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The churn of staff turnover and administrative changes in long-term care may make it difficult for many facilities to meet an impending federal requirement to establish infection prevention programs.
The Centers for Medicare & Medicaid Services (CMS) deadline for a designated and trained infection preventionist (IP) in long-term care facilities is Nov. 28, 2019. CMS issued a final rule1 on the requirements in 2016, with deadlines for various provisions of compliance phased in annually thereafter. CMS and the CDC are offering free training to meet this requirement, but there are signs that some long-term care facilities will struggle to comply.
IP turnover is a significant barrier in developing effective infection control programs in long-term care facilities, said Margaret Drake, MT, ASCP, CIC, infection preventionist at the Nebraska Department of Health and Human Services.
Drake presented survey results2 underscoring the problem recently in Philadelphia at the annual conference of the Association for Professionals in Infection Control and Epidemiology (APIC). An online survey of 222 nursing homes netted 64 responses from those with IP responsibilities at the facility. Drake and colleagues sought information on turnover in the last two years, both factors contributing to it and assessments of its effect on the IP position.
“The IP position turned over within a year 39% of the time, and by two years over half of them have left,” Drake said.
In addition, all IPs reported performing at least one additional responsibility in addition to their infection control role, some citing up to four additional duties. Workload was the most commonly cited factor for turnover, followed by compensation and nursing leadership turnover. Overall, 55% reported turnovers in director of nursing positions, which often translated to new duties and expectations under the new administrator. Survey respondents’ comments on how changes in leadership affected the IP role included:
Of those reporting administrative changes, 60% said they had two directors of nursing in the last two years and 26% had three, she reported.
“You cannot continue to have a consistent program when you have a change in leadership and have to stop and turn in another direction,” Drake said.
The survey revealed 59% of the IPs in a facility had been on the job less than a year and 16% less than two years. In terms of the effect of IP turnover, some respondents said it was unclear what the previous IP did and where they should assume duties.
“There is no consistency for the staff,” she said. “Then, there is the learning curve. It takes time to not only learn what the previous person was doing, but what should even be your role as the IP.”
Drake and colleagues intervened on behalf of a nurse at one facility who had to work the night shift as well as the IP role.
“We talked to the administration and said she needs protected time,” she said. “[They] talked to her and gave her some protected time, but recently there was turnover in administration, and she is back on nights again.”
Another IP in long-term care was surprised to learn from the health department that the CMS mandate included duties beyond antibiotic stewardship, which she was told was her primary role.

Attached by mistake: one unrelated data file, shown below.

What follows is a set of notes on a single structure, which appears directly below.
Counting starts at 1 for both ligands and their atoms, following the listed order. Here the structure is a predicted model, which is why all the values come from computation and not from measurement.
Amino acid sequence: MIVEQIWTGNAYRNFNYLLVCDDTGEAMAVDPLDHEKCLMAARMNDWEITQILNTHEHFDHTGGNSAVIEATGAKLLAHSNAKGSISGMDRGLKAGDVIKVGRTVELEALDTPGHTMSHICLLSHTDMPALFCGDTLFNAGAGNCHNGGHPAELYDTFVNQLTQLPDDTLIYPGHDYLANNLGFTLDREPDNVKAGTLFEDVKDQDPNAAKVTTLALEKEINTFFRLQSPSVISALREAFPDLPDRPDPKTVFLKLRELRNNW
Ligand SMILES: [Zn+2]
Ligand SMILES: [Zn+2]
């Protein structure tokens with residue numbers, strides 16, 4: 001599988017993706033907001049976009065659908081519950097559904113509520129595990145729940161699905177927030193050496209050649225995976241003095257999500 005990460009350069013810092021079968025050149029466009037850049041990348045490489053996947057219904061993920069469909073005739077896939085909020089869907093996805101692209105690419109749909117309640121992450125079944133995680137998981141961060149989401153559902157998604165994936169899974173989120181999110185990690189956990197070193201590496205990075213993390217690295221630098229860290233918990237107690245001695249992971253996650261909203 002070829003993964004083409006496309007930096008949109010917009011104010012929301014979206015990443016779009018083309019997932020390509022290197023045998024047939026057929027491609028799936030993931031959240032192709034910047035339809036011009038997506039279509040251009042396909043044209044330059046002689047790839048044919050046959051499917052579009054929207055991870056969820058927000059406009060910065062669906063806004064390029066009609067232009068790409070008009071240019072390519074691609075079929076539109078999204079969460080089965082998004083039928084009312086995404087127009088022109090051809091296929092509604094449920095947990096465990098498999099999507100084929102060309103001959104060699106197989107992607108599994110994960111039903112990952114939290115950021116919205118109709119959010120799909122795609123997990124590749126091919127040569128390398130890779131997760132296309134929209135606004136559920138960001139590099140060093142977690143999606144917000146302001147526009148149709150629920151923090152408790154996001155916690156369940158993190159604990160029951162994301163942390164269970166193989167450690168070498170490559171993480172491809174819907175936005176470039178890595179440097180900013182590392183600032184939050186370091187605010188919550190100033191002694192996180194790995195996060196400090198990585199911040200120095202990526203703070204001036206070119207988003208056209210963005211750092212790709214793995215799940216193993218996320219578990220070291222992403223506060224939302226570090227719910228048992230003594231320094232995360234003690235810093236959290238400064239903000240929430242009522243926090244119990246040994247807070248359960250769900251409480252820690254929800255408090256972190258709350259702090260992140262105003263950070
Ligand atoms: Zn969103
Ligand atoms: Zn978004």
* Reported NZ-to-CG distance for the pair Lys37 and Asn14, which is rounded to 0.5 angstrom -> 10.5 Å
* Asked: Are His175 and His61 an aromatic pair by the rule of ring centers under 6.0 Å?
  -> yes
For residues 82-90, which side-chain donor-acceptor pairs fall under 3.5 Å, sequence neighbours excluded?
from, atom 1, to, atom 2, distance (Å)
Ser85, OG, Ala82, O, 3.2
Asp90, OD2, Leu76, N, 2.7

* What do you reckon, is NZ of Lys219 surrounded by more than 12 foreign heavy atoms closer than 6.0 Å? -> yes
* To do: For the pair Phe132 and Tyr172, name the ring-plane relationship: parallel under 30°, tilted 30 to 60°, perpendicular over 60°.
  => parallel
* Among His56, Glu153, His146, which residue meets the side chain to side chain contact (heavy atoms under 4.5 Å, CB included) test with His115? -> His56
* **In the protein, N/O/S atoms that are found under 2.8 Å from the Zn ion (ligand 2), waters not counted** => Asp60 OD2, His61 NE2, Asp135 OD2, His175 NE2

“She didn’t have a desk, a computer — nothing,” Drake said. “When the administrator is not behind the IP program, it is not going to fly.”
Asked what would prevent turnover, respondents said nursing leadership stability, opportunity for professional development, and overall satisfaction.
“Some said the reason they stay is that they feel a responsibility for the residents,” Drake said. “I see that in all areas of nursing. You really feel responsible for your patients and that is who you are there for.”
Similar trends were found in another APIC study in which researchers examined skilled nursing facilities (SNFs), which have been linked to transmission of multidrug-resistant bacteria across the healthcare continuum. A pilot survey of 12 IPs in SNFs was conducted last year as part of a larger project to reduce healthcare-associated infections by improving collaboration between long-term care and hospitals.
“Over half of the 12 IPs had five years or less experience in infection prevention,” the researchers reported.3 “All of the IPs had other responsibilities such as staff education and development, occupational health, or assistant director of nursing. Ten months into the 12-month pilot year, seven of the 12 IPs had left their IP position.”
Despite the turnover, the facilities remained enrolled in the project, and the research team helped the new IPs take on the role.
“Limited IP experience and turnover will pose a significant challenge for SNFs in trying to meet CMS mandates,” the researchers concluded. “Strategies should encourage relationships with experienced IPs to assist SNFs in training and retaining IPs.”
Financial Disclosure: Peer Reviewer Patrick Joseph, MD, reports that he is a consultant for Genomic Health, Siemens, and CareDx. Medical Writer Gary Evans, Editor Jill Drachenberg, Editor Jonathan Springston, Nurse Planner Patti Grant, RN, BSN, MS, CIC, Accreditations Manager Amy M. Johnson, MSN, RN, CPN, and Editorial Group Manager Leslie Coplin report no consultant, stockholder, speaker’s bureau, research, or other financial relationships with companies having ties to this field of study.